Slovakia for Slovaks. Source: dennikn.sk
What do we see?
The cartoon, produced by the artist Martin Šútovec (Shooty) as a commentary piece for the Slovak mainstream daily Sme/Denník N, shows two participants: a mosquito and a young man, both holding what appear to be political banners. Upon closer inspection, we can see that the mosquito is actually leaning against a conventional street sign which bears the name of a large Slovak city, Komárno. Underneath, there is the official Hungarian version of the name, Komárom. Facing the mosquito is a young bald-headed man. He is shown wearing a green jumper with a double cross (the national symbol of Slovakia), camouflage pants and black boots in what appears to be a conventional visual representation of a right-wing extremist. The young man is directly looking at the mosquito and his gaze is filled with hatred. He holds a placard with the inscription “Slovakia for Slovaks”. At first sight, there seems to be no humorous element to the cartoon. The humour, in fact, is the result of a complex and intricate word play based on inter-language homonymy that enables Slovak viewers to interpret the bilingual city sign as ‘Komárno for mosquitoes’. The cartoon makes a poignant point about traditional nationalist tensions within the country and has been re-used in various media on multiple occasions.
What public issue is being addressed here?
The cartoon addresses a specific locality in southern Slovakia: the city of Komárno/Komárom, located right on the border with Hungary. Being divided by a river (the Danube), one part of the city belongs to Hungary and the other to Slovakia. The Slovak part of the city is located in a region with mixed ethnic population, and is inhabited by a very high proportion of Hungarian speakers (according to the 2011 census, they have the majority of 53 per cent in the city).
The bilingual city sign is directly linked to the issue of language rights of the Hungarian minority in southern Slovakia. This is an example of a linguistic landscape (cf. Cenoz and Gorter 2006), which reflects the underlying tensions between various ethnic groups living in a single state – a situation that is well known from various other countries (e.g. Ireland, Spain, Canada). The issue of language rights, including the visible presence of the Hungarian language in the public spaces in areas populated by speakers of Hungarian, has been a long-standing bone of contention in official language policies in Slovakia, particularly in relation to the potential Hungarian irredentism in the region.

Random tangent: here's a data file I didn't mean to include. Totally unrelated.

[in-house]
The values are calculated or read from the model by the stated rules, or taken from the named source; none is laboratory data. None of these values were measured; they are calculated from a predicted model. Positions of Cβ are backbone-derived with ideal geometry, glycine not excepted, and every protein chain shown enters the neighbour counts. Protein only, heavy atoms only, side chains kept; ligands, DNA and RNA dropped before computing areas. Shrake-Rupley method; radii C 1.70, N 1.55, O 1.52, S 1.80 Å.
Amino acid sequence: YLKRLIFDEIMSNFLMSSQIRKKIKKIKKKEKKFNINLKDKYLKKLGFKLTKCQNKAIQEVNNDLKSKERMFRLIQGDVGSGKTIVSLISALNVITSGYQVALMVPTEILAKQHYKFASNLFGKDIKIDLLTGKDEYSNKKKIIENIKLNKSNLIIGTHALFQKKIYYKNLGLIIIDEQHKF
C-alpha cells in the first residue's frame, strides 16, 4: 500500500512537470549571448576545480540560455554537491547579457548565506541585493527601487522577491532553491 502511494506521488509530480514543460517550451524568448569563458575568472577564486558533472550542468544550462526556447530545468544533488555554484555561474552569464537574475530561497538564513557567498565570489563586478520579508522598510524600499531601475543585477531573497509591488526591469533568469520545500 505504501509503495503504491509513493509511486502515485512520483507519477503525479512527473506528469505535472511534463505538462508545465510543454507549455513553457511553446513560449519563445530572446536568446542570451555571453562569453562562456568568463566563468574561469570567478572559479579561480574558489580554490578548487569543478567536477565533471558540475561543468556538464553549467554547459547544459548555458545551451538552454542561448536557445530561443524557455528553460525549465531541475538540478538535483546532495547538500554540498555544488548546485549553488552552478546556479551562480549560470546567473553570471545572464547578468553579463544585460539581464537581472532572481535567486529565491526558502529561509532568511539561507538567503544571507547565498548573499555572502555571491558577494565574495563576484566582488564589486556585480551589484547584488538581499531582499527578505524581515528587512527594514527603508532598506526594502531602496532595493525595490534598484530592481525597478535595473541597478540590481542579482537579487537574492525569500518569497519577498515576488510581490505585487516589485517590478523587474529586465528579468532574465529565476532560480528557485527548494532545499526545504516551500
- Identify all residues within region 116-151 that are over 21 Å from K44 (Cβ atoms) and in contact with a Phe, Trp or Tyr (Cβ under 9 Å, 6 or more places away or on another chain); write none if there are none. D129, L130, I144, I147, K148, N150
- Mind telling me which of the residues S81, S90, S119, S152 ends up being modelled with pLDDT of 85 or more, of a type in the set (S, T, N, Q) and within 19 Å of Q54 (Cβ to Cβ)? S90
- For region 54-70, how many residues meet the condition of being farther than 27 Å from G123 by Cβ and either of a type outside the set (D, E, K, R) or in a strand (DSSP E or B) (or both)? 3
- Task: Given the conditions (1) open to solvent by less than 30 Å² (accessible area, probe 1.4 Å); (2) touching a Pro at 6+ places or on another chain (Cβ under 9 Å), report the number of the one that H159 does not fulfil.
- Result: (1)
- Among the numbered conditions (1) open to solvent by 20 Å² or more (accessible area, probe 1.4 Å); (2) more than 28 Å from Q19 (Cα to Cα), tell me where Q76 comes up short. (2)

In addition to indexing the minority language rights struggle in an ethnically mixed area, the cartoon makes a point about the nationalist movements calling for an ethnically and linguistically uniform country. The intolerance is reflected in the slogan ‘Slovakia for Slovaks’, which mirrors the possible – but completely wrong – reading of the bilingual sign. The incorrect understanding of the meaning by the Slovak nationalist can be interpreted as the result of his limited knowledge. Ultimately, the cartoon may function to showcase the lack of substance of nationalistic sentiments and, thus, to contribute to delegitimizing such intolerance. Slovak readers, who can spot and appreciate the punning word play, can likewise feel a sense of superiority at the expense of the nationalist, who evidently misunderstands the situation.
What does the humour do?
The humour relies on an inter-language pun: the two possible and divergent meanings of the word ‘Komárom’ in Slovak and Hungarian. In Hungarian, it is a proper noun, designating the official Hungarian name of the city, while in Slovak, it happens to be an inflected form (dative singular) of the common noun (so-called ‘appellative’) of ‘komár’ [mosquito], meaning ‘to/for mosquitoes’. Thus, the word is a homonym – a word with the same form but different meanings. The humour arises from the target audience’s ability to (1) read the sign ‘KOMÁRNO KOMÁROM’ in a syntagmatic manner as a slogan with a distinctly political meaning (‘Komárno for mosquitoes’), and (2) perceive the silliness of the nationalist who counters that erroneous reading by carrying the intolerant and provocative placard ‘Slovakia for Slovaks’. The viewers are prompted to opt for the humorous, nonsensical reading of the city sign by the presence of the mosquito in the cartoon. Interestingly enough, the cartoon captures a stand-off situation between the two figures, who are representative of the respective ethnic groups. While the mosquito is present in the cartoon for no other reason than the simple phonological similarity between the Slovak word komár [mosquito] and Komárno, it is actually often the case that various outgroups (e.g. migrants) are represented metaphorically in a dehumanized manner – both visually and verbally.
Cenoz, Jasone, and Durk Gorter (2006) “Linguistic landscape and minority languages.” In: Gorter, Durk (ed.) Linguistic Landscape: A New Approach to Multilingualism. Clevedon: Multilingual Matters, 67-80.